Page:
Is our Writers Learning: Zero Sum Game by S.L. Huang

ZERO SUM GAME by S.L. Huang is the first in an urban fantasy super-hero series — okay, reviews call it SF noir, but protagonist Cass Russell is just as much a metahuman as the cast of Heroine Complex, though with a pretense of being more realistic (a good pretense — this one worked for me). And yes, here there be smaller.

Cass is a precog who reminds me a lot of Marvel’s Mad Thinker. Just as he predicts events with his computer so as to manipulate and take down his enemies, so does Cass, though on a more limited level. She has a metahuman mathematical ability to calculate angles, vectors and force enables her to know where a bullet will go before it leaves the gun (Huang makes this believable enough to work). She also knows how to fire bullets or apply her own strength to gain maximum, John Woo-type physical effects.

Her friend Rio, a DEXTER-type serial killer/sadist (he’s got religion so he channels his lust for cruelty into targeting Bad People) acts as go-between for a woman named Dawna, hiring Cass to retrieve Dawna’s sister from her life as a drug mule. This, of course, proves much more complicated than expected. First, Rio didn’t send the message. Then there’s a PI, Arthur, who’s on the same case and doesn’t trust Cass (and justifiably despises Cass’s attitude toward collateral damage). Then it turns out Dawna isn’t the young woman’s sister after all.

She is, instead, the bad guy. A secret conspiracy has given her pseudo-realistic telepathy to match Cass’s pseudo-realistic precognition: Dawna can micro-analyze every twitch and expression you make, know exactly what you’re thinking and figure out exactly what to say to manipulate you. Even as Cass, Rio and Arthur start working against the conspiracy, they have to wonder if Dawna’s implanted them with commands to turn them into sleeper agents.

I almost gave up on this one early on because of the hard-boiled voice. Don’t get me wrong, I like that voice, and I’ve used it myself (here, for instance) but it’s used so much in urban fantasy it’s kind of a turnoff. Everyone from Harry Dresden and Anita Blake onwards sounds world-weary, snarky and cynical. It’s one reason I went out of my way to make the protagonist of No One Can Slay Her non-hard-boiled, and why I resisted writing Impossible Takes a Little Longer in first person, for fear I’d adopt the same voice (but KC starts out the book upbeat and optimistic, which makes a surprising difference). I’m glad I stuck with it, because I enjoyed it. As I’ve said before, offbeat superhero stories are a weakness of mine, and Zero Sum Game fits the bill.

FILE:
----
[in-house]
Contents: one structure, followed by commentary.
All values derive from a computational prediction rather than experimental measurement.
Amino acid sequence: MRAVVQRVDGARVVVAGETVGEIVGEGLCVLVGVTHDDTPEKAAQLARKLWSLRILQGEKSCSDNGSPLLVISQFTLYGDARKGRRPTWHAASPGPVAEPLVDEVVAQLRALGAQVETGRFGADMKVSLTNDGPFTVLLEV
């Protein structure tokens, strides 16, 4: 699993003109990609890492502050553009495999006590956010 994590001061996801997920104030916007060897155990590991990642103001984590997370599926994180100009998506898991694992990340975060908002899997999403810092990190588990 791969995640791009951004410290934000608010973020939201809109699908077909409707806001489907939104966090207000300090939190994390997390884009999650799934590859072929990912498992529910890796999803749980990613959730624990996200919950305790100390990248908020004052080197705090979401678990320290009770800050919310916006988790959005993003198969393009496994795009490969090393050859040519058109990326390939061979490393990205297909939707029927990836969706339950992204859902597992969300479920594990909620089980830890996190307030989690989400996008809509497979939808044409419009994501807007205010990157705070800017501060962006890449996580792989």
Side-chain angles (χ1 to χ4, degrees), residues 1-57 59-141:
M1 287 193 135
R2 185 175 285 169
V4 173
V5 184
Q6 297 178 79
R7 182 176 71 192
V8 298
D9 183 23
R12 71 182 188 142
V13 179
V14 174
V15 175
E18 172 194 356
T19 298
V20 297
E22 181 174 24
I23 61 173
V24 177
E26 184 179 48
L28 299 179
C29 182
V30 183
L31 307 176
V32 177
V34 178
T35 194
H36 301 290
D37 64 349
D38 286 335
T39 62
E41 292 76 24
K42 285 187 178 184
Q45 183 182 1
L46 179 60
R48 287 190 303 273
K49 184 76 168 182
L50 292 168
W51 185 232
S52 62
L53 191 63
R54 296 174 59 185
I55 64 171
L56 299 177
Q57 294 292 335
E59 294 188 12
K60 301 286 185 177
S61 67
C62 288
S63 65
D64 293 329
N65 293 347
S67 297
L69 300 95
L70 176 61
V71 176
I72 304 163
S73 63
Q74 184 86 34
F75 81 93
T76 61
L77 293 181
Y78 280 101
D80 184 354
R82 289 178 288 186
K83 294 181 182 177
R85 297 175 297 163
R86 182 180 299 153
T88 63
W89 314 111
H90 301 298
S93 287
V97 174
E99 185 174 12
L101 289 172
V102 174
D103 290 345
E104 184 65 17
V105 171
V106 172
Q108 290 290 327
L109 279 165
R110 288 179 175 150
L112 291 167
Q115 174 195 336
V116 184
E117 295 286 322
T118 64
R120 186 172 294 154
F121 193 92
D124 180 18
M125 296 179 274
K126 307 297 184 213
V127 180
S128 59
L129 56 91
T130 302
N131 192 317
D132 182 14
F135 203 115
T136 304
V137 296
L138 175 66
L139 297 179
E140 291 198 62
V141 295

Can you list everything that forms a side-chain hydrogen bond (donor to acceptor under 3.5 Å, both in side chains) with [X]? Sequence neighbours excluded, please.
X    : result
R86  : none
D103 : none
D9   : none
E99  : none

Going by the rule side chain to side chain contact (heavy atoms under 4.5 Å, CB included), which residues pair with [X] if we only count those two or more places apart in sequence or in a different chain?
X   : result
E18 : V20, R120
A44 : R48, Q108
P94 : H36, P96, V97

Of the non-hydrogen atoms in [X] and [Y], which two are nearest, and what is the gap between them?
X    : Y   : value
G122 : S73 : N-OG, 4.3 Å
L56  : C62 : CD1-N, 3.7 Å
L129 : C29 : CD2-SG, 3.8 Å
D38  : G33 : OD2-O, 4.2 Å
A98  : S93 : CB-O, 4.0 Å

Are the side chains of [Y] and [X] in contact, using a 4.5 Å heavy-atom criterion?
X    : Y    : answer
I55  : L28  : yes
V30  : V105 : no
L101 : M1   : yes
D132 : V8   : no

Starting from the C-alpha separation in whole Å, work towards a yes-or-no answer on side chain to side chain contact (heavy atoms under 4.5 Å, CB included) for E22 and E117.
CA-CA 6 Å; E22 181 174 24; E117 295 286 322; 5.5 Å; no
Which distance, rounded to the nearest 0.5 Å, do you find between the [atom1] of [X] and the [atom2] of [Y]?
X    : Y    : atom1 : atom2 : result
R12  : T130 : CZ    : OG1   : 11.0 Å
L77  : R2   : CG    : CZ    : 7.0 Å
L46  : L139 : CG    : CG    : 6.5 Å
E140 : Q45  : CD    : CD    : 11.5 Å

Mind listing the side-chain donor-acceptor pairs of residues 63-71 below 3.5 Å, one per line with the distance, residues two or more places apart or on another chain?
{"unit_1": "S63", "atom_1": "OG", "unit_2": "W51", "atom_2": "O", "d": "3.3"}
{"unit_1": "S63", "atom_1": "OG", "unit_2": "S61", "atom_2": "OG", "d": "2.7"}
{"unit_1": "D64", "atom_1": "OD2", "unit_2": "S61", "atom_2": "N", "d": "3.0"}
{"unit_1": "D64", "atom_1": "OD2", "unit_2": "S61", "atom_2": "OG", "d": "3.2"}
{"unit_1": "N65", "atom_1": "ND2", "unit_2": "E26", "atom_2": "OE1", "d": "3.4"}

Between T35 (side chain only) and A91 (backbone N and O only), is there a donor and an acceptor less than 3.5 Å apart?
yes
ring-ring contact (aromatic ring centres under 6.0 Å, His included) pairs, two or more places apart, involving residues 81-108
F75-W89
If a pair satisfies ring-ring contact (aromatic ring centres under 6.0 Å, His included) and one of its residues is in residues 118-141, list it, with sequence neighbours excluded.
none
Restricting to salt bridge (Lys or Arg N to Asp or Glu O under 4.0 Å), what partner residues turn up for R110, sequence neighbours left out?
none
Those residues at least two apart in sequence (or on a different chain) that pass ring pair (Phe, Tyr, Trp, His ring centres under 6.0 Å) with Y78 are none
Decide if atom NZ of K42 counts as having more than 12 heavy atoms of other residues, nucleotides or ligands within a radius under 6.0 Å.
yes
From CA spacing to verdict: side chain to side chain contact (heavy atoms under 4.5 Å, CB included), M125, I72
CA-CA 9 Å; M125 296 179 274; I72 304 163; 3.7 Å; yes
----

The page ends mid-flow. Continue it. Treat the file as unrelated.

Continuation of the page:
That said, I think the book really fell apart at the end. The final psi-battle with Dawna in Cass’s mind doesn’t make any sense given Dawna’s power set: I can’t see any way it works without Dawna having real telepathy, and she doesn’t.

And then there’s the morality. The big dilemma for the book is that Dawna’s employers are good guys, or at least antiheroes. They’re manipulating politicians to create a better world (no hunger, no poverty!), they’re eliminating drug cartels; in opposing them, is Cass on the right side? The possibility she isn’t really gnaws at her, especially when she learns the conspiracy funds itself by leaching money from crime syndicates and other bad guys. In crippling the conspiracy (I’d name it, but my mind’s gone completely blank), aren’t Cass and her crew making the world a worse place?

I suppose it’s possible that all these moral qualms are because Dawna’s still got a hook in Cass’s mind, but I think we’re supposed to take them seriously. I didn’t: much like Dawna’s powers in that final fight, Huang’s straining to keep the moral balls in the air. The conspiracy, whatever its goals, kills innocent people, which is kind of a huge red flag for me. Heck, it appears to be for Huang: a government official who had a couple of Cass’s friends killed in the name of the greater good dies in short order. Yeah, he’s a rat, by why is the conspiracy any better? At one point Dawna brags that a woman she mindwiped and reprogrammed is now completely free of the trauma she used to bear. Surely she could treat trauma without erasing her (a point nobody makes).

It would help, I think, if we knew more detail about the good deeds. What exactly is their political endgame? When Dawna manipulates politicians, what are they rewired to do? I don’t blame Huang for not getting too specific about politics — these days, things are changing at the drop of a hat — but something a little more specific (what if they got cops to drop the “blue wall of silence” about police misdeeds?) would have helped sellme.

Of course, as Arthur points out, Cass is pretty coldblooded about people. I’ll see what happens when I get to the second book in the series.

#SFWApro. All rights to image (I don’t know the artist) remain with current holder.

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Filed under Impossible Takes a Little Longer, Is Our Writers Learning?, Reading

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